(1) .30 Model 1906 (S)                170   2700   2752
(6) .35 Winchester Model 95           250   2200   2687
(3)  8 mm Mauser                      236   2129   2375
(4) .30 Model 1906                    220   2204   2374
(7)  9 mm Mauser                      280   1850   2090
(8) .45-70 United States government   500   1201   1602  

The following cartridges will be found perfectly satisfactory for all American game except perhaps Alaska brown bear, grizzly bear, and moose. On these three species they can not be relied upon to give a large percentage of clean kills with the first shot.

                                      gn    fps    ft-lb

(1) .30 Model 1906                    150   27OO   2428
(2) .30-40 Krag                       220   2000   1950
(3)  7 mm Mauser                      175   2300   2056
(4)  6.5 mm Mannlicher                157   2313   1960
(5) .33 Winchester                    200   2056   1877
(6) .35 Remington auto.               200   2000   1776
    .45-90 high velocity *            300   1992   2644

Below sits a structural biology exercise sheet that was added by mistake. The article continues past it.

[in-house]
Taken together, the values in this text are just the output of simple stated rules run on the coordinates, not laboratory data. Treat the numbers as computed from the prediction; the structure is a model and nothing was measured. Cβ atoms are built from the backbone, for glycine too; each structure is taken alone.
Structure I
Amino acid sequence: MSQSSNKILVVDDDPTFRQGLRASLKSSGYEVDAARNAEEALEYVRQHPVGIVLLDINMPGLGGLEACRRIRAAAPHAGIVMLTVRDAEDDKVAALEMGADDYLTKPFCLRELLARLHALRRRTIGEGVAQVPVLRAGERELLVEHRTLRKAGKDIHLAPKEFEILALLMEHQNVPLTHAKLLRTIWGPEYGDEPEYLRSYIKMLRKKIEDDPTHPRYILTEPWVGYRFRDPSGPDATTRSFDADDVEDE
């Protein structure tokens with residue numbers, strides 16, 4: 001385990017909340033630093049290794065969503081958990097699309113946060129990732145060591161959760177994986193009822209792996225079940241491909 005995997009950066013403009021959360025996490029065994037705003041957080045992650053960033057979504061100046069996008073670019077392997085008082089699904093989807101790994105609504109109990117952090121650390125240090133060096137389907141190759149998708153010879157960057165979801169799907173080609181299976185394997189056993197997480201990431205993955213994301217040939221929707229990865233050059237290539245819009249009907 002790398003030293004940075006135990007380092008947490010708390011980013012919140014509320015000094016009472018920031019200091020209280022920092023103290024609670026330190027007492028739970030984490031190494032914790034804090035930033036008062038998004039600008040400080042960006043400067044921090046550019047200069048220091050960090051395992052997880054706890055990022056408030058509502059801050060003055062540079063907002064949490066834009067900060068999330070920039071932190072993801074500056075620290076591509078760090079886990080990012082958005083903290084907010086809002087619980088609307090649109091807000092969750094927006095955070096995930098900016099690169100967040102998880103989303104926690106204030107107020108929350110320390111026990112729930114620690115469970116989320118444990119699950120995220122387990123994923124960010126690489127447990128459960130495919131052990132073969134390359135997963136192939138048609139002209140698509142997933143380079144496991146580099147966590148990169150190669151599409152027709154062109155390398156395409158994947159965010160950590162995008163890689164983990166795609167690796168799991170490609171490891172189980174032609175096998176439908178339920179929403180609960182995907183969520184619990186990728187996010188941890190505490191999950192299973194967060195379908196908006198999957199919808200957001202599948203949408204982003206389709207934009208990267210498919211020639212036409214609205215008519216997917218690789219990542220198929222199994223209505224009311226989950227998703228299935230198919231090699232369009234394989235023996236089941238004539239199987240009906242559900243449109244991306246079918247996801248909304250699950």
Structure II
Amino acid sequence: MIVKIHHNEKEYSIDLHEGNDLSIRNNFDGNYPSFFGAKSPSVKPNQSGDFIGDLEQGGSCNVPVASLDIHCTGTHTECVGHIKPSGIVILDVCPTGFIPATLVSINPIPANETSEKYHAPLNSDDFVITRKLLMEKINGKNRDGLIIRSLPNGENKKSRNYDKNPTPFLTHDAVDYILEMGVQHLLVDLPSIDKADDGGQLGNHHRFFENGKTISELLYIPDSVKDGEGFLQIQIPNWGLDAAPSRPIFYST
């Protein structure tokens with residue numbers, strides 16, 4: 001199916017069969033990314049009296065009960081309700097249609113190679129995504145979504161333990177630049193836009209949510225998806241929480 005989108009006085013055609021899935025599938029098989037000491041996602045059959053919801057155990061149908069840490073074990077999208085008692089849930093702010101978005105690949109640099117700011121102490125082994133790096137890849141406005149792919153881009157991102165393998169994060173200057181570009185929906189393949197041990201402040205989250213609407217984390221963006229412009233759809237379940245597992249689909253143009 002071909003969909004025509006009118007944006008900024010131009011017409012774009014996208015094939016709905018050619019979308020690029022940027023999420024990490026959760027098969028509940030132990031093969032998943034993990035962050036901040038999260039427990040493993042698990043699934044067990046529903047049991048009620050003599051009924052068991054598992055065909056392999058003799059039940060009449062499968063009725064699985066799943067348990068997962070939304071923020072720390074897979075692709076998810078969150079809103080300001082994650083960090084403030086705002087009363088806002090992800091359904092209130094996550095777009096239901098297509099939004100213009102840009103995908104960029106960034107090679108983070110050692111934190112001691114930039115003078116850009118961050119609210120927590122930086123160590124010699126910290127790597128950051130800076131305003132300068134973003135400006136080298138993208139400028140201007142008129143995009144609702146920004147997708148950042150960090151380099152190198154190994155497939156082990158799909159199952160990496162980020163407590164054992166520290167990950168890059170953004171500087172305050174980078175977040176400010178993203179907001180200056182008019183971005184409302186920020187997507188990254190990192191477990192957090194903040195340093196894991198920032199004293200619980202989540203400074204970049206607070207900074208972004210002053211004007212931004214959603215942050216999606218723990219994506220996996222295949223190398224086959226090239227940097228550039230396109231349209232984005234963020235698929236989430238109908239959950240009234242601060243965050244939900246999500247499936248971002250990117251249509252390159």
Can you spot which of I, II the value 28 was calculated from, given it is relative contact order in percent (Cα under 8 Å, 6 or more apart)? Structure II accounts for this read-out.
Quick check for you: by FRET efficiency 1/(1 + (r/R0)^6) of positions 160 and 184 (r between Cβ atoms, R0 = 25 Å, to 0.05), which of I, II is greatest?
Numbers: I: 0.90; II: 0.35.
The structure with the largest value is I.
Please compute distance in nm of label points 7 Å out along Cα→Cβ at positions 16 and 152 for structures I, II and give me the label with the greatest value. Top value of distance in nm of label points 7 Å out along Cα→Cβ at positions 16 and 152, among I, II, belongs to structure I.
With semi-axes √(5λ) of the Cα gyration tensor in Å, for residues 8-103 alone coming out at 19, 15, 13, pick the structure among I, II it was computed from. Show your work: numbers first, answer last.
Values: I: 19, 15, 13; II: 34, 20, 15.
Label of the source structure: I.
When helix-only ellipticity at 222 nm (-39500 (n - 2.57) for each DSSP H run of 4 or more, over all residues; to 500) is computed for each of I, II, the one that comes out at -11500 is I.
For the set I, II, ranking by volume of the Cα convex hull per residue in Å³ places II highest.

.45-70 high velocity *            300   1888   2375  

Deer cartridges. Often used for larger game, particularly by professional hunters, trappers, and Indians, but larger game than deer usually requires a number of shots to kill. This class are popular on account of cheapness, weight, and rifles and ammunition can be procured almost anywhere.

                                      gn    fps    ft-lb

(1) .303 Savage                       195   1952   1658
(3) .32 Winchester special            170   2112   1684
(3) .32 Remington auto.               170   2112   1684
(2) .30-30 Winchester                 170   2008   1522
(2) .30 Remington auto.               170   2020   1540
    .401 Winchester auto. *           250   1875   1952
(9) .250 Savage                        87   3000   1739
(4) .38-55 high power                 255   17OO   1635
(5) .32-40 high power                 165   2065   1558
(6) .38-55 high velocity              255   1593   1437
(7) .32-40 high veloc1ty              165   1752   1124
(8) .38-55 regular                    255   1321    988
    .44 Winchester *                  200   1300    751
    .351 Winchester auto. *           180   1861   1385